Sunlight expansion plan hinges on Forest review, but streamlined process likely |

Sunlight expansion plan hinges on Forest review, but streamlined process likely

Don Berger, left, looks over maps of the Sunlight Mountain Resort expansion plan with ski area officials, General Manager Tom Hays, right, and Operations Manager Ross Terry, during a public meeting Tuesday night hosted by White River National Forest staffers.
John Stroud/Post Independent

A cursory review of Sunlight Mountain’s ski-area expansion plan — for which the U.S. Forest Service is considering a categorical exclusion under federal environmental laws — does not mean critical elements won’t be studied, according the agency’s new district ranger.

The small amount of public land that would be disturbed for the ski area expansion and new chair lift — less than 5 acres — qualifies Sunlight’s plans for the less-extensive review, according to Kevin Warner, the White River National Forest’s new Aspen-Sopris District ranger.

And, judging from the light attendance (less than a dozen people) at an open house Tuesday night in Glenwood Springs meant to answer any questions the public may have about the proposal, the project is not likely to generate any controversy.

“In a lot of projects similar to this, where it’s a small amount of ground disturbance within a special-use permit area, we will analyze that through categorical exclusion,” Warner explained.

Sunlight announced its plans last year for a $4 million expansion on the East Ridge portion of the ski area, including about 100 acres of new expert skiing terrain and a new fixed-grip quad chair lift serving expanded expert and intermediate terrain.

Some of that expanded terrain has already been cleared on privately owned portions of Sunlight Mountain. New runs to the east of the current ski area boundary, along with the new lift and a pit toilet would involve additional forest land within the already permitted area.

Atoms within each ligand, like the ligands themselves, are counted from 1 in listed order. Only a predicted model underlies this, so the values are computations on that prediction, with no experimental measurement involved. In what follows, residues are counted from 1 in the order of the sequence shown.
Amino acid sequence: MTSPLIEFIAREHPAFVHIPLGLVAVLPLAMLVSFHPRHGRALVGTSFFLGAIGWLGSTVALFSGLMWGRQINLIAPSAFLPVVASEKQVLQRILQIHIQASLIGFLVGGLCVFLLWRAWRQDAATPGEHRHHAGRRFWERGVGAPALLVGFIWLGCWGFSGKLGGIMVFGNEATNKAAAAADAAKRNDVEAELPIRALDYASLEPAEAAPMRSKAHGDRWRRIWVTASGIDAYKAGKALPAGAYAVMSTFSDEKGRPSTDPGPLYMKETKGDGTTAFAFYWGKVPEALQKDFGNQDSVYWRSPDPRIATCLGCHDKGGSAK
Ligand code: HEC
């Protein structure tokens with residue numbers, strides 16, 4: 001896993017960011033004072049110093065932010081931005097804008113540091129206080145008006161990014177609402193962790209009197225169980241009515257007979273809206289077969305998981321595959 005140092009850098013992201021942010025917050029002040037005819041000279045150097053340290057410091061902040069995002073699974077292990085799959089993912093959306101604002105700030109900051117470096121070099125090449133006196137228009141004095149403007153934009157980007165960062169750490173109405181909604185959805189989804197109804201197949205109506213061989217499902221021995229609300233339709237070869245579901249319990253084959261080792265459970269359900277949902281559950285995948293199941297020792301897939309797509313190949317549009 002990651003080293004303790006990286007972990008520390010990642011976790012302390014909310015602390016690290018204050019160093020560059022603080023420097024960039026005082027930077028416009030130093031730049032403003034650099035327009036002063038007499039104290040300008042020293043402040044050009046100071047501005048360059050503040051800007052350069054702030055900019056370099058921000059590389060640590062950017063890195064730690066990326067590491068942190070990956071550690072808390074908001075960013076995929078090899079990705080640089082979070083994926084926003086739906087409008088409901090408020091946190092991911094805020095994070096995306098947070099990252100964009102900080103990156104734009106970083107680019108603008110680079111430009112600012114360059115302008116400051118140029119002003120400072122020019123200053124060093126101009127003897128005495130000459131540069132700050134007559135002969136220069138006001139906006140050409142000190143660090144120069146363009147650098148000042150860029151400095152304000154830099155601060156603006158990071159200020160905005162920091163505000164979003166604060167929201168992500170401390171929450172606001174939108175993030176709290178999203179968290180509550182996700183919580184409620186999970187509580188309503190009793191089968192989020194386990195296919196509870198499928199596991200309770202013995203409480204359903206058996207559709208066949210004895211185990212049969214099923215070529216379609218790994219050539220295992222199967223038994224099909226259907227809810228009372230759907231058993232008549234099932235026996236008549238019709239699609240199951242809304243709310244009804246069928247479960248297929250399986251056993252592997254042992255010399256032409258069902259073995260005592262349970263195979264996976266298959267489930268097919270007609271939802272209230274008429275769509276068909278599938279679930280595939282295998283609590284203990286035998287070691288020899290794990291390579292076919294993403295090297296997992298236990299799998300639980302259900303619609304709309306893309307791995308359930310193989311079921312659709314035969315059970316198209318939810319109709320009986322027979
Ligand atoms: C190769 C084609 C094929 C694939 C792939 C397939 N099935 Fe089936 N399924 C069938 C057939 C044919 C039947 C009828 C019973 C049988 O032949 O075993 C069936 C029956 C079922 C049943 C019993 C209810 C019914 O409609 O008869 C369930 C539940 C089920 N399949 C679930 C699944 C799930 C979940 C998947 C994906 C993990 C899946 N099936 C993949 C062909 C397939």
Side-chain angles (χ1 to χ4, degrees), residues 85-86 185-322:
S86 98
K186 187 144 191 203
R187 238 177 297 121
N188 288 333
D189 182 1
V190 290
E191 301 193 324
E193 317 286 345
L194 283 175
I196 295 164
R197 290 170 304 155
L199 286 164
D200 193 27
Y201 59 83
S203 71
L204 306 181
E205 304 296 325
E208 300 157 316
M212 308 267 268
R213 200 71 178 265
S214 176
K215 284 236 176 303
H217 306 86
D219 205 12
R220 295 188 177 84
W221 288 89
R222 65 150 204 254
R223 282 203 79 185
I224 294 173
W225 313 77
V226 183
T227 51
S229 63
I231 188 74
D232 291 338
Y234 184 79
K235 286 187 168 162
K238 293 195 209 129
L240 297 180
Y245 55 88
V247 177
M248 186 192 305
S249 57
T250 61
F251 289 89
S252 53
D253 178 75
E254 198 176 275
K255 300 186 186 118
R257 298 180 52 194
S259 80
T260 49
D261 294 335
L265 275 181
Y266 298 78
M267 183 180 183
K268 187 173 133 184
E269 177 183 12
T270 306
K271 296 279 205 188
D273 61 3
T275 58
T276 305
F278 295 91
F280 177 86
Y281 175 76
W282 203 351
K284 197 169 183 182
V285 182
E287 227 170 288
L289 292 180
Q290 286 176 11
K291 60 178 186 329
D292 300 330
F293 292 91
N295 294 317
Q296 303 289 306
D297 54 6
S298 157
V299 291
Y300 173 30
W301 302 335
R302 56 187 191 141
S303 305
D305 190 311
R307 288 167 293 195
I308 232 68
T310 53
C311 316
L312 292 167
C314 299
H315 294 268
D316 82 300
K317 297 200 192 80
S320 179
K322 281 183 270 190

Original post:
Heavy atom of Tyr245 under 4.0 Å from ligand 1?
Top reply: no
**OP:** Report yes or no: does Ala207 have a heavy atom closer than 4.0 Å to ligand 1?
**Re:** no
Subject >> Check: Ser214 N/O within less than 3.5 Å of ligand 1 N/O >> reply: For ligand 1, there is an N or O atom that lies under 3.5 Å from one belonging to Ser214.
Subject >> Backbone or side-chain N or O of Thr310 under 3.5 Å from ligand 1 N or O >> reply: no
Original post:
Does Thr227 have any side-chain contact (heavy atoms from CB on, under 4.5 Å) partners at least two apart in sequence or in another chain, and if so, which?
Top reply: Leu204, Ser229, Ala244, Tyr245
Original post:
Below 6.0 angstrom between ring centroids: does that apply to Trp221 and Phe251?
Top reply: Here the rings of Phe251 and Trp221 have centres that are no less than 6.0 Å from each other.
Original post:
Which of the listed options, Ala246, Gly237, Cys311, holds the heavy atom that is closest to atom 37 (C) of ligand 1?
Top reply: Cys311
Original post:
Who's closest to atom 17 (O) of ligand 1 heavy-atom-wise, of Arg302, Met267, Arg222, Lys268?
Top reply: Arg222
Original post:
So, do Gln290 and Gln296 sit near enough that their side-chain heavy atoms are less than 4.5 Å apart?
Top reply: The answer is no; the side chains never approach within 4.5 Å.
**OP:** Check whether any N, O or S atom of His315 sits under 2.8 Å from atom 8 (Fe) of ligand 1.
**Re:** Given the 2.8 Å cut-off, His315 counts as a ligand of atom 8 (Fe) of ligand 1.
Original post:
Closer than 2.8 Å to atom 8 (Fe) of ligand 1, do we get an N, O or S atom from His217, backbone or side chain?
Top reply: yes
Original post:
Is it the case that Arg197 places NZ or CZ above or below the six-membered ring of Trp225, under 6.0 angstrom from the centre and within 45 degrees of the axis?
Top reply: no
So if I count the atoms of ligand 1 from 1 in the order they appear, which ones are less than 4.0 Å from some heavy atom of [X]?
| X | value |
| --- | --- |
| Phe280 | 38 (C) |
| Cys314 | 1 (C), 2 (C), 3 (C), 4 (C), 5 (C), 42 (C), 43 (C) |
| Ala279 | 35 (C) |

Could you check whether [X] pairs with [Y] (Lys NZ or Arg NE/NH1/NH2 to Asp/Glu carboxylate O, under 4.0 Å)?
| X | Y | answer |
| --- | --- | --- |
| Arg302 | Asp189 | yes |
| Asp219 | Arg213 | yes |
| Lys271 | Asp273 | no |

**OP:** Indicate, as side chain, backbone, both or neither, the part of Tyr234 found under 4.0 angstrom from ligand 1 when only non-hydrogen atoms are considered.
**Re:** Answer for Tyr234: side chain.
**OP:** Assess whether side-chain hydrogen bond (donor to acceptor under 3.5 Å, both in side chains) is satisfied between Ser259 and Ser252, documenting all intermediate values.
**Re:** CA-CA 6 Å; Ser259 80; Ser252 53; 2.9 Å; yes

Warner said the plan will necessitate a wildlife and fish analysis, as well as historical and cultural surveys of the project area. Even under categorical exclusion, a formal “decision memo” from Forest Supervisor Scott Fitzwilliams would be issued, he said.

“If any extraordinary circumstances come up in that process, we can still say that we would need to go into a more in-depth analysis,” Warner said.

The handful of people who did show up at the Tuesday meeting were mostly curious about the new skiing terrain that would be made available, and the timeline for the new lift installation.

According to Sunlight General Manager Tom Hays, who was on hand for the meeting, once the final clearance is given by the Forest Service, more timber would be cleared this summer and fall, making way for the new lift to be installed after the 2020-21 ski season.

“If we can get that clearing done in the summer, that’s going to drive when we can actually install the lift,” Hays said.

“It also depends on snowfall next year and visitation,” he said, noting that this year’s numbers so far are up and the ski conditions are prime.

“We’re having a good season, and to be able to move forward with the expansion is going to really add some dimension to the ski area,” Hays said.

An informal public comment process remains open until Feb. 23, but that’s not to say comments won’t be taken after that time, Warner said.

This spring, forest officials will meet to go over the comments that are received, followed by field surveys in late spring or early summer, he said. “Once we do that, then we can move forward with a decision.”

Sunlight’s expansion plans do not include the coveted Williams Peak to the west of the existing ski area, though that does remain in the resort’s long-range master plan, Hays said.

“At some point we would like to expand in that direction,” he said. “But it’s not anything short term, at least not in the next five years.”

Sunlight has a little more than 2,400 acres of permitted forest land to operate the ski resort.

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